Celebrity or Author?

It seems as though one of the hottest new trends in Hollywood at the present moment is celebrities writing children’s books. You haven’t “arrived” until you have written a book. A few stars who have published books include Jason Alexander, Billy Crystal, Michael Jordan, LeAnn Rhimes, Jamie Lee Curtis, Katie Couric, Jerry Seinfeld, Julie Andrews, John Lithgow, Lynne Cheney, Ed Koch (former mayor of New York), Madonna, and Will Smith.

This new fashion statement offends me for a few reasons. First and foremost, for “common people” (i.e. the rest of the world), there is a certain standard of quality that a work of literature must meet before a publisher will even consider it. Sadly, celebrities are not held to the same standards. There are few precious books whose authors appeared to have taken the writing role seriously, but for the most part, celebrity books are uninteresting and poorly crafted. Curiously, the content of the book isn’t even what is publicized, but rather the name of the author.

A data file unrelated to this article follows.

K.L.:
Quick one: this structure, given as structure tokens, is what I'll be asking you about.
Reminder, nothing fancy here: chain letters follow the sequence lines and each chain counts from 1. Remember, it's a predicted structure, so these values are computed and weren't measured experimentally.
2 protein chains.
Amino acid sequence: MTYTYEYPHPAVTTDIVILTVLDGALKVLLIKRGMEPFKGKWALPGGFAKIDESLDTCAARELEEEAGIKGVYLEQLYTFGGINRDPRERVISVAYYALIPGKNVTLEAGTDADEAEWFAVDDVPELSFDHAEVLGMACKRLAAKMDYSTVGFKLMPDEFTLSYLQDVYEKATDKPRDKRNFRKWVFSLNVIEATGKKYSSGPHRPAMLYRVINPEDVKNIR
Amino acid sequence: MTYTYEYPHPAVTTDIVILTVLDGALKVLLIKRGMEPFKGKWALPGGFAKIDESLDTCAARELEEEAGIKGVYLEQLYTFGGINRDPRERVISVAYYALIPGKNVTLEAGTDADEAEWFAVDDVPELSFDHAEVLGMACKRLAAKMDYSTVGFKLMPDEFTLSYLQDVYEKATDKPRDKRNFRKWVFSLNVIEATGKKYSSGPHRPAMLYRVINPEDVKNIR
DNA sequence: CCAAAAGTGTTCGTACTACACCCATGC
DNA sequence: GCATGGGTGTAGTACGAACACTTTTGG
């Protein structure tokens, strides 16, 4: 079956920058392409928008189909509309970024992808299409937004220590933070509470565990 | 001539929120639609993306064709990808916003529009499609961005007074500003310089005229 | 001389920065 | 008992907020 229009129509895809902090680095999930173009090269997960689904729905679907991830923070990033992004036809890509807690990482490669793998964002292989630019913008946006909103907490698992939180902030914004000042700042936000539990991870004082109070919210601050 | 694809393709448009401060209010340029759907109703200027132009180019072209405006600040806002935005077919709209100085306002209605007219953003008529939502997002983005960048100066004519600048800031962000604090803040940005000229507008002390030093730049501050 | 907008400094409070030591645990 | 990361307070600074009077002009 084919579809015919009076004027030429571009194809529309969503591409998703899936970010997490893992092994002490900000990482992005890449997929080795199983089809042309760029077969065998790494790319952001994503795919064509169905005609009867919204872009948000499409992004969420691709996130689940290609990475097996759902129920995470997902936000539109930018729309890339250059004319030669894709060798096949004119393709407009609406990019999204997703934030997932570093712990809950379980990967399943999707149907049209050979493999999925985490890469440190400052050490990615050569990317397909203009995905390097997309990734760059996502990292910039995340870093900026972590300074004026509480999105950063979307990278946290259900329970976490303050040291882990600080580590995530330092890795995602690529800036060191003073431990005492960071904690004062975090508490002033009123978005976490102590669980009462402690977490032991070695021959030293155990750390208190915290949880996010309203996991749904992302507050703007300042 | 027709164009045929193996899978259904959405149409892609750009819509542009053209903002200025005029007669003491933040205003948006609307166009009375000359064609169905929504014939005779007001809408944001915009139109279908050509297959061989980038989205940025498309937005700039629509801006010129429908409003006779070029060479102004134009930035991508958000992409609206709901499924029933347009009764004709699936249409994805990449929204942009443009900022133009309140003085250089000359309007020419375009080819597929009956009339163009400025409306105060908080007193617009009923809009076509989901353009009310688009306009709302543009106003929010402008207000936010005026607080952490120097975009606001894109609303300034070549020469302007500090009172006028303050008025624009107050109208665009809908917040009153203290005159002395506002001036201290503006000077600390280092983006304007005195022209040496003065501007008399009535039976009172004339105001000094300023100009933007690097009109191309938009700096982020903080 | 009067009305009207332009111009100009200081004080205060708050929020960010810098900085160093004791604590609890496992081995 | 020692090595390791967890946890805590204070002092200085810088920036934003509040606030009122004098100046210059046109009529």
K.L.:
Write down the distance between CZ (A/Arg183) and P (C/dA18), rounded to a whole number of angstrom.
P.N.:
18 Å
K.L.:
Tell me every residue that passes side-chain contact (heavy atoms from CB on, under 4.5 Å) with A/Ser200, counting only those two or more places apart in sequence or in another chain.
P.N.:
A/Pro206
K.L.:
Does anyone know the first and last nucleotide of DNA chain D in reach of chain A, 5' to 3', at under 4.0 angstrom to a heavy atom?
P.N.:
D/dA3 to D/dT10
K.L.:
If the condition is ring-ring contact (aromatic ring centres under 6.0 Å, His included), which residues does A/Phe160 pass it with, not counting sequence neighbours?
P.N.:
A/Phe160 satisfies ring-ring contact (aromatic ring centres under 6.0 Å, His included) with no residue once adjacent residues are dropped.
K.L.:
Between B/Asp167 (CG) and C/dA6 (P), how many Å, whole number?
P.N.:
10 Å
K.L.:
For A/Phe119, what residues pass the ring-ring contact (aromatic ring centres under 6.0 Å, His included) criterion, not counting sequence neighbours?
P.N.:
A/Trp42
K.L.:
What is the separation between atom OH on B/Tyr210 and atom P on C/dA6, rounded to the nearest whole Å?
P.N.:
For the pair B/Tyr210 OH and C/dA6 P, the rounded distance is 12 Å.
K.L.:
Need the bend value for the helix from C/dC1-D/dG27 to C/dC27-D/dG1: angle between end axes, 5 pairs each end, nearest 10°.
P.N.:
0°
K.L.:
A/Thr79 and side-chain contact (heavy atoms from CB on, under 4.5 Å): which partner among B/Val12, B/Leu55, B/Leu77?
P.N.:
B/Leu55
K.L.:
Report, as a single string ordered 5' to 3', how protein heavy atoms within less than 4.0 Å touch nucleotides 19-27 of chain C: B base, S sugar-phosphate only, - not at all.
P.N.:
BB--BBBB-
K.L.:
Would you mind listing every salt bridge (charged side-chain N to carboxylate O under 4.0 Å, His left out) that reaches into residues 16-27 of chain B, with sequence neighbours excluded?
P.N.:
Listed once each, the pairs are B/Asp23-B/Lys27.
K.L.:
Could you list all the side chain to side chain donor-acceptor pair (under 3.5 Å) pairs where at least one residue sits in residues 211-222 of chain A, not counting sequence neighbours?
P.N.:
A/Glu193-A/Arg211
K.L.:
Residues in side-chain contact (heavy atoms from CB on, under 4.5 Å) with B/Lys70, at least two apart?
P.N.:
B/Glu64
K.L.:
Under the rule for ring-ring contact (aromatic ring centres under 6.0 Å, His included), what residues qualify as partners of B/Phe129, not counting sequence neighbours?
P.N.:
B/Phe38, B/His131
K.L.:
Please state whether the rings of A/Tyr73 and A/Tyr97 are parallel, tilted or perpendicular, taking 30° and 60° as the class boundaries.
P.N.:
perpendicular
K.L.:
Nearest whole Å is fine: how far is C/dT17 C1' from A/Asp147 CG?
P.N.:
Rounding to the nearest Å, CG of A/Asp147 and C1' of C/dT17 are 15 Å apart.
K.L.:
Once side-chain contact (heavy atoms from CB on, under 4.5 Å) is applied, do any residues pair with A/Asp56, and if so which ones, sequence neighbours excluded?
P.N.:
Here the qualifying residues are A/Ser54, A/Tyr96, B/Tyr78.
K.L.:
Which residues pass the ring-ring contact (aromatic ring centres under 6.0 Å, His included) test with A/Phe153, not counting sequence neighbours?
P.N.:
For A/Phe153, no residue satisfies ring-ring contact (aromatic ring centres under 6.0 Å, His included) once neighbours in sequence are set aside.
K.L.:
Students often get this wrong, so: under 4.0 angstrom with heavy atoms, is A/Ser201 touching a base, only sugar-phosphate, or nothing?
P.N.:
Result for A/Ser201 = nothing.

Still, celebrity works are hot sellers, not because they are well written, but because (and this is the second characteristic of this trend that is bothersome to me) of the name on the cover. Parents who have an attachment to the celebrity purchase the book, but for their children who have no connection whatsoever to these people, the book is not worth the paper on which it is printed. This sends a message to children and adults alike that anyone who is famous can also write books. The opposite is true. Authors are gifted the same way actors or actors are gifted.